After teen's death, grief and questions

By Paul Duggan
Washington Post Staff Writer
Tuesday, November 9, 2010; 9:03 PM

In the parlor of the rowhouse where Joseph A. Sharps Jr. lived, relatives kept telling his mother, Cynthia Sharps, to hurry up. She had to be going soon. It was a little past 2 p.m. Tuesday, and she was due at the D.C. morgue by 3 to identify her 17-year-old son, killed by gunfire on the street the night before.

But Sharps, 51, had a point she wanted to make about the death of Little Joe, as the slain teenager was called. In a city where lethal mayhem among the young is common, sometimes the killers and the killed blend as one in the public's mind - just thugs murdering thugs out there. "And it's a myth," she said.

"Because a lot of good kids get killed, too."

Including Little Joe, she said.

Joe Sharps, a senior at the District's Spingarn High School, was gunned down shortly after 8:30 p.m. Monday on Holbrook Street NE in the violence-plagued Trinidad neighborhood, a half-mile from his home in the 1500 block of Queen Street NE. A classmate walking with him was wounded, but not critically.

"My son and his friend were just jawing at each other, you know, fooling around, talking trash, is what I was told," said the dead boy's father, Joseph A. Sharps Sr., 54, a lube manager at a car dealership.

He stood on the front porch of the brick rowhouse in the autumn sunshine, waiting to leave for the morgue with his wife of 18 years. "And three guys, so I'm told, they thought that they was talking to them, as far as I know. The one guy says, 'What'd you say?' And he just pulled out a gun, and he shot my son. Shot the both of them."

Police wouldn't comment on the shooting except to say that it was under investigation by homicide detectives.

"Killed my son for what reason?" the father pleaded.

Behind him, Cynthia Sharps leaned on a doorjamb in the parlor. Her sister-in-law Wanda Davis, 44, was perched in a corner with a computer on her lap, typing an obituary. The victim's sister Abrianna Sharps, 16, sat slumped on a sofa between two friends, the three girls struggling for words. What can be said about a life barely lived?

"He was lots of fun," Brittany Lewis, 16, said in a tiny voice. "He had lots of friends."

"He really liked sports," Abrianna added. "Football. Baseball. Basketball."

Spingarn High is a tough place, said the girls, all students there. "Lots of drama," Abrianna said. "Like, beefs between kids, them fighting all the time." Whether the shooter knew Joe from school is a mystery to the relatives. They said he got caught up in some fights at Spingarn but never had trouble with police.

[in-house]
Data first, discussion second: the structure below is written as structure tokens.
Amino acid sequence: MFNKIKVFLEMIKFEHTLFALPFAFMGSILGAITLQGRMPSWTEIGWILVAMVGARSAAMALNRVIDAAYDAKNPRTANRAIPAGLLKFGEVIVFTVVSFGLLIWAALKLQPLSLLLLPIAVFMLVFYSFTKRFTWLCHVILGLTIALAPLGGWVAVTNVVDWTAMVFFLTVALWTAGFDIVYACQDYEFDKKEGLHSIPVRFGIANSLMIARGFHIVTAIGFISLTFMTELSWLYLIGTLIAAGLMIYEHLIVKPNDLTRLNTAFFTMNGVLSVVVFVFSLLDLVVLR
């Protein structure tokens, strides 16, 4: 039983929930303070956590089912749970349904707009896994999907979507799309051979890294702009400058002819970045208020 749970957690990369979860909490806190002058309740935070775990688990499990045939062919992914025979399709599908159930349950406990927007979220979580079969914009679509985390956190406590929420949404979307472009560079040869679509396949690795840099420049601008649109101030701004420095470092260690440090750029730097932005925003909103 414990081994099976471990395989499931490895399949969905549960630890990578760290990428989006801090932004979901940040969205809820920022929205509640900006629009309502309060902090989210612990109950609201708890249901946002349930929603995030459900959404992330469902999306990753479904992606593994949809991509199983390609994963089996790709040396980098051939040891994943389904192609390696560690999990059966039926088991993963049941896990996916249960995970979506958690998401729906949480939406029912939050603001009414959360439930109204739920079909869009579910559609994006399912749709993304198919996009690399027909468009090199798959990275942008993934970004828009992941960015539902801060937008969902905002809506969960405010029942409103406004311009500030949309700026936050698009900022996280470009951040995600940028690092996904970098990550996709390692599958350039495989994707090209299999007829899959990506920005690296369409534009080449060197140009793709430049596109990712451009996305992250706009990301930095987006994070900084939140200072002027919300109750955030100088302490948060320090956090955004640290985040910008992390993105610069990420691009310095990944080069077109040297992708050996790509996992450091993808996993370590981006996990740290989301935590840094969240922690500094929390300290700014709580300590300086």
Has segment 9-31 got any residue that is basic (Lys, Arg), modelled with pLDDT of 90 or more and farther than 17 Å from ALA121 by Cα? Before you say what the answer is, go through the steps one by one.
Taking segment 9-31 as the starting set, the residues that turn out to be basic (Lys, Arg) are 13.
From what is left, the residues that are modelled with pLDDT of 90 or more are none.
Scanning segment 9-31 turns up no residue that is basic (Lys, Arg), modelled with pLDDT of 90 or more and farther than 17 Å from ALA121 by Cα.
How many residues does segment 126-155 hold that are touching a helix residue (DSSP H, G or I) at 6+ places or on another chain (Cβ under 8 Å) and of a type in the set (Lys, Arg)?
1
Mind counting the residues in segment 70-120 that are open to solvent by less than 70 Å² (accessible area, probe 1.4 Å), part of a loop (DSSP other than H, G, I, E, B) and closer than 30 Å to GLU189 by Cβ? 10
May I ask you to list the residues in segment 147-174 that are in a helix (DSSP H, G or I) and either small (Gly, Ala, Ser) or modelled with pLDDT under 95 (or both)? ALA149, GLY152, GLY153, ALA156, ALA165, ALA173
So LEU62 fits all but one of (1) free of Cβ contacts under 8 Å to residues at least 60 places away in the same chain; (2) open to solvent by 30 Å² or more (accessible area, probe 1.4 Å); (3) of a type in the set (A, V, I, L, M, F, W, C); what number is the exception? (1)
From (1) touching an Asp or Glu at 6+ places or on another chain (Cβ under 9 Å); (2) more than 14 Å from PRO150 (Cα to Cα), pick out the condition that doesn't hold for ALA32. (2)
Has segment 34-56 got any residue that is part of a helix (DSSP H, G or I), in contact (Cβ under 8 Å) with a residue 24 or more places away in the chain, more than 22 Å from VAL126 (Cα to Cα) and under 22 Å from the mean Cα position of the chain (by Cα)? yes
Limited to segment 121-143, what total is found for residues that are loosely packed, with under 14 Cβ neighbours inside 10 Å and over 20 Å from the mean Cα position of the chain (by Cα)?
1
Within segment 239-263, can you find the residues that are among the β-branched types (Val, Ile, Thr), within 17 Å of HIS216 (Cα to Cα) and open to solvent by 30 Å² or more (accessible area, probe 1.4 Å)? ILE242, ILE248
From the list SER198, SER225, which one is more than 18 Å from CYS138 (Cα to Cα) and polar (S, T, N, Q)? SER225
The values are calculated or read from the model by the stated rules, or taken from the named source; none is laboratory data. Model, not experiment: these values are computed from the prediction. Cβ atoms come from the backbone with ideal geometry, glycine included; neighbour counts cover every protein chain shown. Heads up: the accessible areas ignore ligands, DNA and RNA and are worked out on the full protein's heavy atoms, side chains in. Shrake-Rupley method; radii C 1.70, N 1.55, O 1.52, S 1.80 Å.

"Kids fighting because of turf," the father said. "You got Trinidad. You got 21st Street. And Nineteenth. And you got E Street. . . . Most of the time, we'd have to pick him up from school, because he's scared of walking past that way or taking the bus."

Cynthia Sharps, a home health-care aide, said she set boundaries for Little Joe.

"He knew my policy: No drugs, no alcohol. And I'd get after him about language. You know, he did the slang words, that street language. I'd say, 'You have to learn how to talk!' And he'd say, 'Don't worry, Ma, when I go somewhere, I know how to talk.' "

He wasn't allowed outside late at night, she said. "The children Little Joe has been around, they all come from good families. They stay off the streets. They play sports. They go to school. All of them are school-minded, to go to college."

About 7:30 p.m. Monday, he finished his homework, then went out, she said.

"He asked for two dollars. He always did that. He was going to get two candy bars, a Snickers and a Reese's. That's what he does, either at the gas station or the CVS. Every night, he'd ask me for two dollars, walk down, get him a Snickers and a Reese's and come back home. Him and his friend, that was his routine."

It was past time for her to be going to the morgue, but instead she led a reporter through her small kitchen and downstairs to Little Joe's basement bedroom, where his Monday night homework was still on his desk. His music teacher had assigned the class to write the definitions of some words. Little Joe did it in cursive with a pen.

Timbre - Combo of qualities of a sound that distinguishes it from other sounds of the same pitch and volume.

Heterophony - Playing or singing of two or more versions of a melody.

Nine definitions in all. "Joseph Sharps," he wrote at the top of the page, "11-8-10."

"He was an honor student," his mother said. "And then he fell down with his grades and stuff. And he was building it back up. So this semester should have been pretty good."

She said: "He wanted to go to college in Florida or NYU. He didn't want to play sports there or anything. He was more, like, he wanted to be financial."

"He wanted to own ESPN," his half-brother Adrian Kinard, 21, said with a grin.

"He sure did," his mother said, shaking her head.

"It's the truth," Kinard said. "He'd say it every day. He wanted to own ESPN."

Putting on her jacket to leave, Cynthia Sharps managed to smile.

"That was his main goal," she said. "He had a lot of them."

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